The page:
Will Podcasting Replace Traditional Radio?

Only a handful of the”elite podcasters” actually get money for their unique content. Even though sponsors often times pay on a “cost per listener” in order to advertise on those podcasts, the primary emphasis is on how big their audience is. But whose fault is it that this is the dynamic being looked at?

One reason many sponsors give as to why they only sponsor the elite is that it’s too time-consuming to sponsor small and medium-sized podcasts. That’s why they often set the minimum number of listeners at 50,000 or possibly 10,000 downloads PER EPISODE!

But whose fault is this? We can identify, basically, four different areas in the podcast industry that we can look to in order to answer this question.

1. The sponsors.

2. The podcast hosting / listening platforms.

3. Podcasters themselves.

4. The media / sponsorship companies.

Is it the sponsor’s fault? Not really. It is true, though, that it does take a lot of time and resources for them to research, find, reach out to and negotiate prices with many podcasters. Smaller podcasters may have a great relationship and very high trust factor with their audiences. Since they many know their listeners in real life (or the listeners have actively found their podcast), they are often ignored by the major sponsors.

But the focus for the larger companies is usually on the “return on investment” (ROI). The traditional podcaster just will not produce the ROI these companies are looking for.

Is it the podcast platforms? Well, they are much to blame for the discovery part. So yes, in a way, it is the fault of the platform companies. They make it harder for some podcasts to grow and they tend to keep the elite money makers at the top of their search results. It almost seems like an old monarchy type of society, where the rules are rigged to keep the elite in power. But that really does not provide us the information on “whose fault it really is?”

So, is fault with the podcasters themselves? That’s a huge burden to put on individual podcasters. We can’t really expect hundreds of thousands of podcasters to be able to find sponsors who will want to sponsor just one small podcast. That won’t work in most cases. Also, that would take too much time for podcasters to get enough money to make the time factor profitable to reach out to sponsors. The “ROI” for individual podcasters would be lacking.

Is it the fault of the media / sponsorship companies? In my opinion, they are the actual ones to blame. When podcasting started to grow, so did the interest to make a profit out of the podcasters work. But the companies who were interested seemed to come in with the idea that the same model used for radio would translate to podcasting. But there is a problem with that theory, too.

The problem is, podcasting is not radio!

That is why podcasting is growing so fast! Podcasters do not need to pay so they can be on an individual radio station at a certain time. They can actually be on many different listening platforms, at the same time, listened to whenever and wherever by whoever, on-demand.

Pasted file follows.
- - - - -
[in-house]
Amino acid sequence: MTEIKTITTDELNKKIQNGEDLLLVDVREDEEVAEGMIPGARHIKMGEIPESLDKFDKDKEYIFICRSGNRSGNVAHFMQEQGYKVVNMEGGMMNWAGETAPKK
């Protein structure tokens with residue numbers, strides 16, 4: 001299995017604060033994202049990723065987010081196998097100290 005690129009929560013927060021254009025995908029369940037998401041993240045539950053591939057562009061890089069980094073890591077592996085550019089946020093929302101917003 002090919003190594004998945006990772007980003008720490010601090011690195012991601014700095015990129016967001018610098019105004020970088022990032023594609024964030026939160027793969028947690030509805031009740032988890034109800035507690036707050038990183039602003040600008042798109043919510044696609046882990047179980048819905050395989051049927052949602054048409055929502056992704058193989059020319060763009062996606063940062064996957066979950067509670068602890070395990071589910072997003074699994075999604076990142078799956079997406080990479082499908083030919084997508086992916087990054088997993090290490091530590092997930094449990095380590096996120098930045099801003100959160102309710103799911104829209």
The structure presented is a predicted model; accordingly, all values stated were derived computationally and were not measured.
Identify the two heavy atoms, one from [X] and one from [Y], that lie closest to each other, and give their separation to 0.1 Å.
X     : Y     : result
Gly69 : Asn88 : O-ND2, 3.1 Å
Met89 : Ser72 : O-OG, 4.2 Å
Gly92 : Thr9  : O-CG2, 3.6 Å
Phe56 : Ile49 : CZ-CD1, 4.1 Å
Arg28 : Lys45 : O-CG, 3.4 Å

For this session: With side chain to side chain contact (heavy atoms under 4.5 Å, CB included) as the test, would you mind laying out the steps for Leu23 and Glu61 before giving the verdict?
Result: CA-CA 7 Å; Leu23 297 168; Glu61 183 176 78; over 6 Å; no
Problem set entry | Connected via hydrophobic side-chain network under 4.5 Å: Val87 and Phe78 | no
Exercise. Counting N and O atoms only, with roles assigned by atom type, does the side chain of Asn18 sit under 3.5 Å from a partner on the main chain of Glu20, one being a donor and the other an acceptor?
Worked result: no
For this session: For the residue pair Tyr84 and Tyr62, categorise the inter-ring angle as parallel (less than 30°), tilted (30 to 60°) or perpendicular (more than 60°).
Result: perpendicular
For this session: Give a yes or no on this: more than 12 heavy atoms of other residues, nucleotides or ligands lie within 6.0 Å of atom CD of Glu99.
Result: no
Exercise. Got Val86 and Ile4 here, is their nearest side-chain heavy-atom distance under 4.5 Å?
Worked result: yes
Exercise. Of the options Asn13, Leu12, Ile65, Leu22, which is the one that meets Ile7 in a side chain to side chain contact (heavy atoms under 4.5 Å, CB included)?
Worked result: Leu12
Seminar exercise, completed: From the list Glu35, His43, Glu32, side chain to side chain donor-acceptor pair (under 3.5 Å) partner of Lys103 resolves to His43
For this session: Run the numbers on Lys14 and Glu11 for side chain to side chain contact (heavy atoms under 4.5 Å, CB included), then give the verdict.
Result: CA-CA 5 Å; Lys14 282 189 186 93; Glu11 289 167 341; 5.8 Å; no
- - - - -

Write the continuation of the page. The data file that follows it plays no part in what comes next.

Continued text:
Podcasters do not need to have a media empire helping them produce or create their content. Podcasting truly is “by the people, for the people.”

We see many companies whose only focus is on the larger, more popular podcasts. They use the old obsolete radio model as their sponsorship guide. Not only with the podcasts they have on their platforms, but also with the dynamic ad system they insist on using.

Dynamic advertising is where the ads are changed over time, automatically. There is no input from the podcaster. It is all handled by the software at the company level.

Podcasters lose a key characteristic strength when they agree to dynamic ad inserts. The most popular (and most responsive) advertising for podcasters is where the host actually reads the ad during the recording process. This is done “pre-roll, mid-roll, or post-roll.”

Holding on to an old model might be why some of these companies lose tens of millions of dollars each year in advertising costs each year. Which is also why they are very particular in only dealing with the larger, well-known, podcasts.

Podcasting is truly about the creators. It could be called “grassroots journalism!” This is a new medium, with hundreds of thousands of podcasters, that needs a new model to generate advertising revenue.

Podcasting started off as an amateur platform where everybody could create and publish their own content. You didn’t need an editor in chief or a media publishing giant telling you what to do, what to talk about or how to go about promoting your podcast.

People from all around the world currently record, edit, and publish their own content. Their listeners can listen to their programs whenever and wherever they want to. Truly, citizen journalism in the audio space was created by podcasters and has grown exponentially.

I liken podcasting today to where FM radio was back in the early 1980’s. FM radio was “available” (usually in elevators or doctors offices) but was not widely distributed or listened to. Just as FM radio became a “standard feature” in new cars (instead of “special order”), podcast listening ability is now becoming a “standard feature” in new cars as well. Almost every new car has a USB port and the ability to listen to podcasts through the car stereo system!